Addressing our Collective Fear: How Therapy Might Heal America’s Deepest Wounds
co-written by Jared Michaels and Shirin Shoai
As therapists, we’re trained to look beneath the surface of the myriad issues that our clients bring into the room. What we’ve found is that fear is usually the ultimate source of these issues. To help our clients heal, we may gently inquire about their reservations, concerns, or worst-case scenarios to shed light on them. We help our clients realize that those fantasies may not actually happen or that if they do happen, our clients will have the inner resources as well as a safe relationship with us to be able to navigate the situation.
Unfortunately, on a societal level we lack such a proven method for facilitating healing and growth. It’s no secret that the U.S. is in the midst of a deepening political impasse and cultural polarization, or that extremism runs rampant worldwide. In response, concerned citizens spend countless hours organizing, protesting, writing, and taking various other actions in the hopes of healing these rifts. For many, burnout is a real problem.
Instead of continuing on the same course, we believe that it would be helpful to look beneath the surface on a national scale. America, like our clients, seems to be afraid. We think this is why there is, for example, so much division around the Flint water crisis. On one side, there seems to be deep fear that White people in power value money over the health of impoverished African-Americans. On the other side, there seems to be deep fear that the anger coming out of Flint (and the rest of the country) stems from an attempt to gain power. On both sides, there seems to be profound fear of having a lack of safety – physical safety and job security. This fear is not only depleting, it separates people into camps and slows down progress.
That’s why we envision a kind of collective therapeutic process in which, to continue with the Flint example, everyone involved acknowledges, feels, and processes their fear. They would then be more healthy, have more energy to help each other, and treat each other as vulnerable human beings.
Here’s another example: As the public is becoming increasingly aware, police brutality remains unchecked because officers protect each other at the expense of the communities they’re called upon to serve. In a way that is similar to the Flint crisis, fear divides Americans into pro-community or pro-police camps. It actually increases negativity on emotional and practical levels. And, also like the Flint crisis, it’s clear to us that both addressing the systematic injustice and the widespread underlying fear is the way to move forward.
Here is a short list of fears we might grapple with at various points in our lives:
- Fear of being shamed
- Fear of being ignored
- Fear of being labeled as weak
- Fear of rejection
- Fear of being humiliated
- Fear of being attacked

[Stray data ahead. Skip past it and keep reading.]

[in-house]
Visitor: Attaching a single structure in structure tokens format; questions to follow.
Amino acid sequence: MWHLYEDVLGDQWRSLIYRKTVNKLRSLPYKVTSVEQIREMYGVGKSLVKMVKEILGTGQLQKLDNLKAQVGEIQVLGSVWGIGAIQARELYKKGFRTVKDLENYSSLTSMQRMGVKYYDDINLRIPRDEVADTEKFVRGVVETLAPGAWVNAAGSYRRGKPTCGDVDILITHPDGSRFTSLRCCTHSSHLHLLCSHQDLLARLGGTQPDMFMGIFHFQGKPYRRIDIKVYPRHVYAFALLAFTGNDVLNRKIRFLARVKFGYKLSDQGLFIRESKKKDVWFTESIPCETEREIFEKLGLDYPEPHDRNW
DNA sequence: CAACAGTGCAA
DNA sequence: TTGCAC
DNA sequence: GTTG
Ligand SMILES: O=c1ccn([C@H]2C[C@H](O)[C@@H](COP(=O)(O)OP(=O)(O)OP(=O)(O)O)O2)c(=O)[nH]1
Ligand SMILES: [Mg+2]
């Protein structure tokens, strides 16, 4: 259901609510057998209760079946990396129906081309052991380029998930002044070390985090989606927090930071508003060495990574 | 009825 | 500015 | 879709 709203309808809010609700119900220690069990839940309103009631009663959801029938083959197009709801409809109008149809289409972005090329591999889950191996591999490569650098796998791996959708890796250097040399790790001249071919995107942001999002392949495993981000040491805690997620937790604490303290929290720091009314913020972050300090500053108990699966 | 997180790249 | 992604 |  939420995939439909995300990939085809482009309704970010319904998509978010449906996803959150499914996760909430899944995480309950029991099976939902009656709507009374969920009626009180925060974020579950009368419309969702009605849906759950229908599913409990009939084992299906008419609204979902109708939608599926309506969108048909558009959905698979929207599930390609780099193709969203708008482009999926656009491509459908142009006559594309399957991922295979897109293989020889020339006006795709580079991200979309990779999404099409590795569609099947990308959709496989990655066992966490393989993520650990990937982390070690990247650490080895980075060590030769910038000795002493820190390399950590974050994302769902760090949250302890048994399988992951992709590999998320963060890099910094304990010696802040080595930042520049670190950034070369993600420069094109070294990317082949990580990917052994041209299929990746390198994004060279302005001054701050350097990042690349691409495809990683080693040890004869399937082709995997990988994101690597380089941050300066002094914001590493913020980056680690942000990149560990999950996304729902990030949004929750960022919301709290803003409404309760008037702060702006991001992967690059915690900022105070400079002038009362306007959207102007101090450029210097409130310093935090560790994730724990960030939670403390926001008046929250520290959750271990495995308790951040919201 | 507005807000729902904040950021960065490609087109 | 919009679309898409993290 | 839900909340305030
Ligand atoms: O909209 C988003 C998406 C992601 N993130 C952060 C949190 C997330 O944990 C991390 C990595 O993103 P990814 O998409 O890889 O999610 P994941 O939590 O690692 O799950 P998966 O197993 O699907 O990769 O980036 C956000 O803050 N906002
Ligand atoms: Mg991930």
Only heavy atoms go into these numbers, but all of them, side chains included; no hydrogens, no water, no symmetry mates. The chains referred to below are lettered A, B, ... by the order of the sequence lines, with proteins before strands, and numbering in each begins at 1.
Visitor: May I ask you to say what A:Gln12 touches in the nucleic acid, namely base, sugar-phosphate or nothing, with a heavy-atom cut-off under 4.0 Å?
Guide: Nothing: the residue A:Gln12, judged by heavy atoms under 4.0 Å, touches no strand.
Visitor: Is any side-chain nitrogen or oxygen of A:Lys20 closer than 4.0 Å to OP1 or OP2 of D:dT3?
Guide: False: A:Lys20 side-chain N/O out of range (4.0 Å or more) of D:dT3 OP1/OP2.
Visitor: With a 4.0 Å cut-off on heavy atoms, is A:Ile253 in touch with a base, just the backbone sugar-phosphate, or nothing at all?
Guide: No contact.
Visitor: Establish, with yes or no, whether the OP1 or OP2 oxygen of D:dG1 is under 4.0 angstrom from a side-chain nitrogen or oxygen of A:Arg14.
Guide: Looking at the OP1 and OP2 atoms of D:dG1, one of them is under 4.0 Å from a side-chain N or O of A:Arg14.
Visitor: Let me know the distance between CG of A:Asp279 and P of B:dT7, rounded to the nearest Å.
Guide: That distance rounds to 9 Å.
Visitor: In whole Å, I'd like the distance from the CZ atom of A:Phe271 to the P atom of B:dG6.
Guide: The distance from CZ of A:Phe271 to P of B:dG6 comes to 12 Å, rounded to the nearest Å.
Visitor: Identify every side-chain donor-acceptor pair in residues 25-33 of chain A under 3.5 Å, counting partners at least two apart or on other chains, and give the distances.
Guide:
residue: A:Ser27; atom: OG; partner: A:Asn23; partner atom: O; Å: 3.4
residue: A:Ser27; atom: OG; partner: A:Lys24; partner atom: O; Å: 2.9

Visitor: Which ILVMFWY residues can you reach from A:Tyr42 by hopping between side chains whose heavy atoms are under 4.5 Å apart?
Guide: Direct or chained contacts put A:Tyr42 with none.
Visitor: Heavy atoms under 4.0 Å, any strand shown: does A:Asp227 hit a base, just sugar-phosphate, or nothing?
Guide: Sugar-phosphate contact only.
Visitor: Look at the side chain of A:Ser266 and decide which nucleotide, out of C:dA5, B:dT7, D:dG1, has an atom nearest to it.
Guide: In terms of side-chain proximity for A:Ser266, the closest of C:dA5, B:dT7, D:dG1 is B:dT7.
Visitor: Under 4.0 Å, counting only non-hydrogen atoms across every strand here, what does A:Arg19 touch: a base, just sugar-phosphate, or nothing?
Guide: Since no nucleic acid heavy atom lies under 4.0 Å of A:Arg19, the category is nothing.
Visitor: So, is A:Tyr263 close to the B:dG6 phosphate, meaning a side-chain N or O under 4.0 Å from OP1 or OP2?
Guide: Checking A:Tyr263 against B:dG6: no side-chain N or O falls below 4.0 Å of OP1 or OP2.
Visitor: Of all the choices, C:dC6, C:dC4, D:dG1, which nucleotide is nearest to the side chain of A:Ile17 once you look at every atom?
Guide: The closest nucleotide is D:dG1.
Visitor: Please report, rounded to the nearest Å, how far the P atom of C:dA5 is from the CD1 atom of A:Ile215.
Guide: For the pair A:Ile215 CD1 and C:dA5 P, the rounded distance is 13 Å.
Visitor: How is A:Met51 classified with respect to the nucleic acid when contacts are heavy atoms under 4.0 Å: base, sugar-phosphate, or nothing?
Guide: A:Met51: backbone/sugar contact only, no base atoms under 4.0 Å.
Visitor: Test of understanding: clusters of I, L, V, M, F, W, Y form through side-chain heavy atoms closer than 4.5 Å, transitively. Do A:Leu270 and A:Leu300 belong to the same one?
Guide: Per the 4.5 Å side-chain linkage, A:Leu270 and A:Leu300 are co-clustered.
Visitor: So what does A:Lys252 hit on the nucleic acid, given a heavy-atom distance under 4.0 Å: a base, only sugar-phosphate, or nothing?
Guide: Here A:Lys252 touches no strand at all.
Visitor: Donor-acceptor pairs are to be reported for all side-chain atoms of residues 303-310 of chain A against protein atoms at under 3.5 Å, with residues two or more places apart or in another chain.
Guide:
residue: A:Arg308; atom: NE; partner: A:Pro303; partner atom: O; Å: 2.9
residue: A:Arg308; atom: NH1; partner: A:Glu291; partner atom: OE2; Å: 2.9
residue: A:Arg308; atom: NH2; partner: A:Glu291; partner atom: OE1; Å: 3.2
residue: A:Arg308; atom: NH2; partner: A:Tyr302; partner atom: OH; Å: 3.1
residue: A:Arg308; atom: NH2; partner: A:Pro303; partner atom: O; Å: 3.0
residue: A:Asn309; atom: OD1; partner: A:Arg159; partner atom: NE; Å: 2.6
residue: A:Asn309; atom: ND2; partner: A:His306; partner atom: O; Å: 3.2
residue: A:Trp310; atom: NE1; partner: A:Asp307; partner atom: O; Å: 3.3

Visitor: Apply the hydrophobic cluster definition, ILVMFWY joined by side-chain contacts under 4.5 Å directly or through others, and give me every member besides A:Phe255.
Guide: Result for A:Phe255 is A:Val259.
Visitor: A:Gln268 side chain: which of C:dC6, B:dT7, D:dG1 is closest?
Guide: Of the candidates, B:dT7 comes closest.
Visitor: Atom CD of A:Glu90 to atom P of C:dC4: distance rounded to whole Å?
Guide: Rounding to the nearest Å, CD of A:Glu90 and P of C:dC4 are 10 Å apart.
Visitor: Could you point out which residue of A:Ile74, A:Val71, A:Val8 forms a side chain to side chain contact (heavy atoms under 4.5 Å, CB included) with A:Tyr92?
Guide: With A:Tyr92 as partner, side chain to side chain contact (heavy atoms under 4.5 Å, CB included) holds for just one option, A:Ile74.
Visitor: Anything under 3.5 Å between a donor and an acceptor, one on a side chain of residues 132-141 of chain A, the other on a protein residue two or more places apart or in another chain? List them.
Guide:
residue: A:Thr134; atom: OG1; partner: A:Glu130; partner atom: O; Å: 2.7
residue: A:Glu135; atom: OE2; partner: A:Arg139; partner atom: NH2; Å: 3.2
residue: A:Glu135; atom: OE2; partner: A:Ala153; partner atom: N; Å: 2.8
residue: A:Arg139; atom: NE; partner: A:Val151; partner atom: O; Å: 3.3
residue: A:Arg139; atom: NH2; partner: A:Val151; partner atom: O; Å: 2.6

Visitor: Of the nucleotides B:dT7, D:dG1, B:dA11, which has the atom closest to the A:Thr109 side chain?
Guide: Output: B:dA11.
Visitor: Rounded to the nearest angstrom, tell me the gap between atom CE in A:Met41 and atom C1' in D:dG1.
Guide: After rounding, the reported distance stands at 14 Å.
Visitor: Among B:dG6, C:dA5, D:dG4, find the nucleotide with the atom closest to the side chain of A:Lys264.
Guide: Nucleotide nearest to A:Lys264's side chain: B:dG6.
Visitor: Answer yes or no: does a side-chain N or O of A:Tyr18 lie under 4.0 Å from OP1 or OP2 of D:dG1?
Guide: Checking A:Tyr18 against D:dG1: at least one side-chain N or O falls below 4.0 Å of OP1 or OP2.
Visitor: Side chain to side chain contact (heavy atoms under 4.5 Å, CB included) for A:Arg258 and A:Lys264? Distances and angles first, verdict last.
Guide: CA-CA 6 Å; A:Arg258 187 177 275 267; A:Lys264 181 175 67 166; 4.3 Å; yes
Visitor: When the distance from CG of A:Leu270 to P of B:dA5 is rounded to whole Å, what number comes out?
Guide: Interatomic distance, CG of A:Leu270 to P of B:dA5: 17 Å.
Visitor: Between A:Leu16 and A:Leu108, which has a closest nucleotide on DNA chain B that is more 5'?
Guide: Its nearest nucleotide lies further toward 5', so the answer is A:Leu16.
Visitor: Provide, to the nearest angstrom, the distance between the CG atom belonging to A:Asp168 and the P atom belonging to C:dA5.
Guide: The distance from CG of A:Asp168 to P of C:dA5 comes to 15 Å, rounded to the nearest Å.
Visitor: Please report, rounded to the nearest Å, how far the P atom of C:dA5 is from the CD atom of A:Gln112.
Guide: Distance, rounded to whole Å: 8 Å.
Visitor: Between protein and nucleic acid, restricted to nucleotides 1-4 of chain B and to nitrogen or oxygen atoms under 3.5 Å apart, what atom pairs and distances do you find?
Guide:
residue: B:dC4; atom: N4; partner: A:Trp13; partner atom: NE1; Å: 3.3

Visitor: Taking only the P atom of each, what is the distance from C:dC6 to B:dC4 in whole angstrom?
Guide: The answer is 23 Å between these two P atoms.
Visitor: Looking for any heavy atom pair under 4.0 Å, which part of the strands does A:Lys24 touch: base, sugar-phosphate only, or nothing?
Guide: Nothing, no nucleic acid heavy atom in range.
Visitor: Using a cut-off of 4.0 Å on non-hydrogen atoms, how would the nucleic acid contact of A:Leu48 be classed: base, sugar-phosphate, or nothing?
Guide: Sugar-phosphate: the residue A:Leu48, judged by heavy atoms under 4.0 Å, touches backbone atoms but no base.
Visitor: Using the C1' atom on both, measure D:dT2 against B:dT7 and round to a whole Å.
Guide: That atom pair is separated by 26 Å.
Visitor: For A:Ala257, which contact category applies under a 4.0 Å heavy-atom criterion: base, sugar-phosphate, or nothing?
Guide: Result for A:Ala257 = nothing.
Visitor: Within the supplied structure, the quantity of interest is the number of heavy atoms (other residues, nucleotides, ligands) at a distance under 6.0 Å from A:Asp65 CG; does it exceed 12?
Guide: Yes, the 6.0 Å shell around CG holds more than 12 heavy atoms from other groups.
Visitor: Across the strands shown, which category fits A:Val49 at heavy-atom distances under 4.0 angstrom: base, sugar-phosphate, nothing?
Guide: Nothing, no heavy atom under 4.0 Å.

- Fear of dying
- Fear of being scapegoated
- Fear of being misunderstood
- Fear of being stereotyped (vs. seen for your individuality)
- Fear of having your experience invalidated
- Fear of being manipulated
- Fear of being isolated
- Fear of failure
Do these fears sounds familiar? They’re nearly universal.
Fear is a powerful unconscious motivator, protecting us from true danger and often inhibiting true progress. We can no longer afford to leave it unexamined. We propose that we as a society take a good look at those who are perpetuating as well as suffering from injustice. We offer that fear is the root issue for people on both sides. Fear is used to sell products, control behavior, and promote agendas of all stripes. And fear, perhaps even more than the events it informs or the actions it evokes, is what we must deal with in order to create lasting change.
When we as individuals tend to our fear, we can move through it in therapy, meditation, or any place that supports us to detach enough to see it more clearly. On a cultural level, can we begin to give ourselves space for fear to be named, understood, and treated with similar compassion and wisdom?
We envision mental health professionals taking on a new role in relationship to America. We see them treating whole groups – small as a town and as large as all of America. We picture the country becoming truly receptive to these treatments, the same way that a traditional village might listen to a shaman’s diagnosis when he or she is addressing the village. And we imagine these groups then doing the inner work that’s necessary to complement the work of improving the outer world.
What would that look like in practice? It might look like therapists advising governments at the local, state, and national levels, joining their public relations teams, and being part of the policy-making process. It might look like therapists working with non-profits or for-profits to help them take care of the emotional underbelly of their organizations. There are many more possibilities – the sky is the limit.
Pick any issue from environmental destruction to the worldwide refugee crisis, it’s fear that ultimately keeps the whole cycle going. So may we as Americans learn to take action against social ills from a place of relative fearlessness. May we be empathic so that real listening, real negotiation, and real change can uplift us all. May we take good care of all of our afflictive emotions, like fear. And may we find safe outlets in which to exhaust it so that we can tend to the world with all of our intelligence and goodness.
Like the great poet Maya Angelou, Shirin Shoai believes that “there is no agony like bearing an untold story inside of you.” In her Oakland-based private practice, Shirin blends relational and Internal Family Systems (IFS) therapy to help people reclaim their inner beauty and fire. She also facilitates process groups for motherless daughters.